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William James Cellars: Family on the Vine

Robin Bogue Talks Wine, Santa Ynez, and Golfing the Vintners’ Fest

When your dad is vineyard irrigation expert Bill Bogue, who’s worked on properties from the Santa Maria Valley to Oregon, Washington, New Mexico, and beyond, you’d guess that winemaking might be your obvious career move. But fourth-generation Santa Maria Valley-ite Robin Bogue opted for graphic design first; she got a degree from Fresno State and pursued newspaper work in Tracy, California.

The fermented grape juice did come calling in 1992, when she and her then-husband began home winemaking in the cellar of their barn with a batch of Monterey County merlot. Then the hobby moved back to Santa Maria with her in 1996. By 2002, with wines like the Tom Boy Red, featuring her overalled, pigtailed daughters on the label, winning best-in-show awards, Bogue eclipsed the maximum production amount allowed for home vintners. “We’d already maxed out,” she recalled. “It didn’t make sense to just do home winemaking anymore.”

<b>CHEERS TO VINTNERS WEEKEND:</b> Robin Bogue’s William James Cellars is sponsoring the April 10 gold tourney at Sandpiper, which kicks off the S.B. Vintners Spring Weekend.
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Courtesy Photo

CHEERS TO VINTNERS WEEKEND: Robin Bogue’s William James Cellars is sponsoring the April 10 gold tourney at Sandpiper, which kicks off the S.B. Vintners Spring Weekend.

In 2003, she made the first vintage of William James Cellars, named after her father and son, who are, as she said, “the two men that nobody can take away from me.” Production boomed to about 5,000 cases around the time of the economic crash, when distributors — who were selling the wine in Chicago, Maryland, Florida, Texas, and elsewhere — went belly-up with Bogue’s bills unpaid. “They take a pallet of wine, they get 30 days to pay, and sometimes it’s four years later and you still haven’t seen anything,” she explained. “It’s nerve-wracking.” After that she scaled back production to about 1,500 annual cases and stopped distribution entirely.

Today, her wines — which include a sparkler, chardonnay, dessert chardonnay, sauvignon blanc, grenache blanc, rosé, sangiovese, pinot noir, cab franc, syrah, grenache, a red blend, and a port — are sold straight to wine-club members and visitors to the tasting room, which moved from Los Olivos to Santa Ynez about six months ago. “We went from being one of 47 tasting rooms in Los Olivos to one of four in Santa Ynez,” said Bogue, whose only pouring neighbors are Imagine Wine, Fontes & Phillips, and Carr Winery. “We love being in Santa Ynez. It’s warm and welcoming.”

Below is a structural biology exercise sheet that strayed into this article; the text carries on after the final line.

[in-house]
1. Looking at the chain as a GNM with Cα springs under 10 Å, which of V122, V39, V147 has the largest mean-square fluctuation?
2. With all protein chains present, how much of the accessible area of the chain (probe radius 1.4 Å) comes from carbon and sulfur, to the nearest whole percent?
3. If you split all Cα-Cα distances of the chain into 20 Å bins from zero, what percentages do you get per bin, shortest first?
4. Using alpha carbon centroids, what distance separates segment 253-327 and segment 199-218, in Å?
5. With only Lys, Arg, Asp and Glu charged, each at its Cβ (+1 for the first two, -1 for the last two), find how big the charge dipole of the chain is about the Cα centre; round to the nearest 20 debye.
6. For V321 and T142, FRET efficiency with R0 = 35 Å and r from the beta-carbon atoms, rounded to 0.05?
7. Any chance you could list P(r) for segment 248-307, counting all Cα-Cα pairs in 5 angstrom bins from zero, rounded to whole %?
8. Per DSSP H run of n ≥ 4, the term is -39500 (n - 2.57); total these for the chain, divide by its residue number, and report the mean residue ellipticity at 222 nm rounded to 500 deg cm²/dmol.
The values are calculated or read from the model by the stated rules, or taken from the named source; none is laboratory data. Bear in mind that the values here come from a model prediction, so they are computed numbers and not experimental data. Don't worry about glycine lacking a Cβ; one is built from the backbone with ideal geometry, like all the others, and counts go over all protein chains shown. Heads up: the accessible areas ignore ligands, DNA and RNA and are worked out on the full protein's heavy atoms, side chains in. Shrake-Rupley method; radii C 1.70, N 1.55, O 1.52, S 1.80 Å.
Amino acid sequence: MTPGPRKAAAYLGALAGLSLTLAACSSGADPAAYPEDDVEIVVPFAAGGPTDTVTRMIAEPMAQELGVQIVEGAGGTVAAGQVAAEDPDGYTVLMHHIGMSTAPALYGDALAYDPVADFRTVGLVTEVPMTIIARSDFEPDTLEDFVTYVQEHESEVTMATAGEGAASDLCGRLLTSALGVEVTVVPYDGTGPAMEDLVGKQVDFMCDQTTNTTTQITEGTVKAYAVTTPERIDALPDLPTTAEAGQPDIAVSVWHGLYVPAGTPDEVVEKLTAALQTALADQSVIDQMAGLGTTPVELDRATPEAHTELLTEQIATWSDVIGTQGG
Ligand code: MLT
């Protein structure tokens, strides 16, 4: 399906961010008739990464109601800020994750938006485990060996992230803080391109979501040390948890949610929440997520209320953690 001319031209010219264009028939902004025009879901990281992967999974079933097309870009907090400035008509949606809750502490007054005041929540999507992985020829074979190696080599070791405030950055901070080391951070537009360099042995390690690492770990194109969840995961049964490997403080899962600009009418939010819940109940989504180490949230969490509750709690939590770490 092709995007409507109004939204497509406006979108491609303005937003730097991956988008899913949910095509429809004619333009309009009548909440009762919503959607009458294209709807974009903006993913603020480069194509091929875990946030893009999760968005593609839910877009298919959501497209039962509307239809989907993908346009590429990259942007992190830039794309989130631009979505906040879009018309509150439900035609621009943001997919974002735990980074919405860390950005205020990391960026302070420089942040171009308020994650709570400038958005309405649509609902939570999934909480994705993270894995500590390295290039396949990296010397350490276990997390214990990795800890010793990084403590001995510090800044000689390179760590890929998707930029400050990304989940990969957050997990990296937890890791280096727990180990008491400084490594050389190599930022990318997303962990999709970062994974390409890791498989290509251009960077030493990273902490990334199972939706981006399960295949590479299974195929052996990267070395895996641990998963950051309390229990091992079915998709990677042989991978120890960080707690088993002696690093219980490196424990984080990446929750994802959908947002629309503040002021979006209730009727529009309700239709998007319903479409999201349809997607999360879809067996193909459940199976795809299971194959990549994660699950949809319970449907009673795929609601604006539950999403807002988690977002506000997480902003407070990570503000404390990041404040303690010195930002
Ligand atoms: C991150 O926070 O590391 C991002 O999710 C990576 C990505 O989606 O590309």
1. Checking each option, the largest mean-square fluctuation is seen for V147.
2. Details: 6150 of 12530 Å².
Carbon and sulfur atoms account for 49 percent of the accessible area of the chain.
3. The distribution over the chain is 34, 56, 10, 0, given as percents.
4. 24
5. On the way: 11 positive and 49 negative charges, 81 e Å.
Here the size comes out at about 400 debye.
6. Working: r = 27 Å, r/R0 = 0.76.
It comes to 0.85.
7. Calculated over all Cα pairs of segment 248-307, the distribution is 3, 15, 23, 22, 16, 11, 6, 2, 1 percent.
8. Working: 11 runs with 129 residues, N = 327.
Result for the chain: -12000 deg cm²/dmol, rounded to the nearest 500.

Family remains at the core of the business, with help from her kids, siblings, and, of course, her father, who helps secure fruit from his friends, some of the region’s pioneers (like syrah from Dale Hampton, for instance). “Dad gets a lot of credit,” said Bogue. “He’s not an owner of the business, but you would never know it. He’s always got our logo gear on, and he’s always at events and in the tasting room. He’s very supportive.”

As part of the upcoming Santa Barbara Vintners Spring Weekend, Bogue is taking to the links as the wine sponsor of a tournament at Sandpiper Golf Course on Thursday, April 10, just one of the many fresh and South Coast–located initiatives launched by the countywide vintners’ association’s new director, Morgen McLaughlin, who is bringing Sideways author Rex Pickett to the course, as well. “I haven’t picked up a golf club in two years,” said Bogue, “so I’ll make a joke of myself, bring in the booby prize, and get some good publicity by having the highest score of the day.”


The Santa Barbara Vintners Spring Weekend features a series of events from Thursday, April 10- Sunday, April 13. Visit for tickets and info. William James Cellars is located at 3640 Sagunto Street, Santa Ynez, and is sponsoring the April 10 golf tournament at Sandpiper Golf Course. For more on the wine, call (805) 478-9412 or visit

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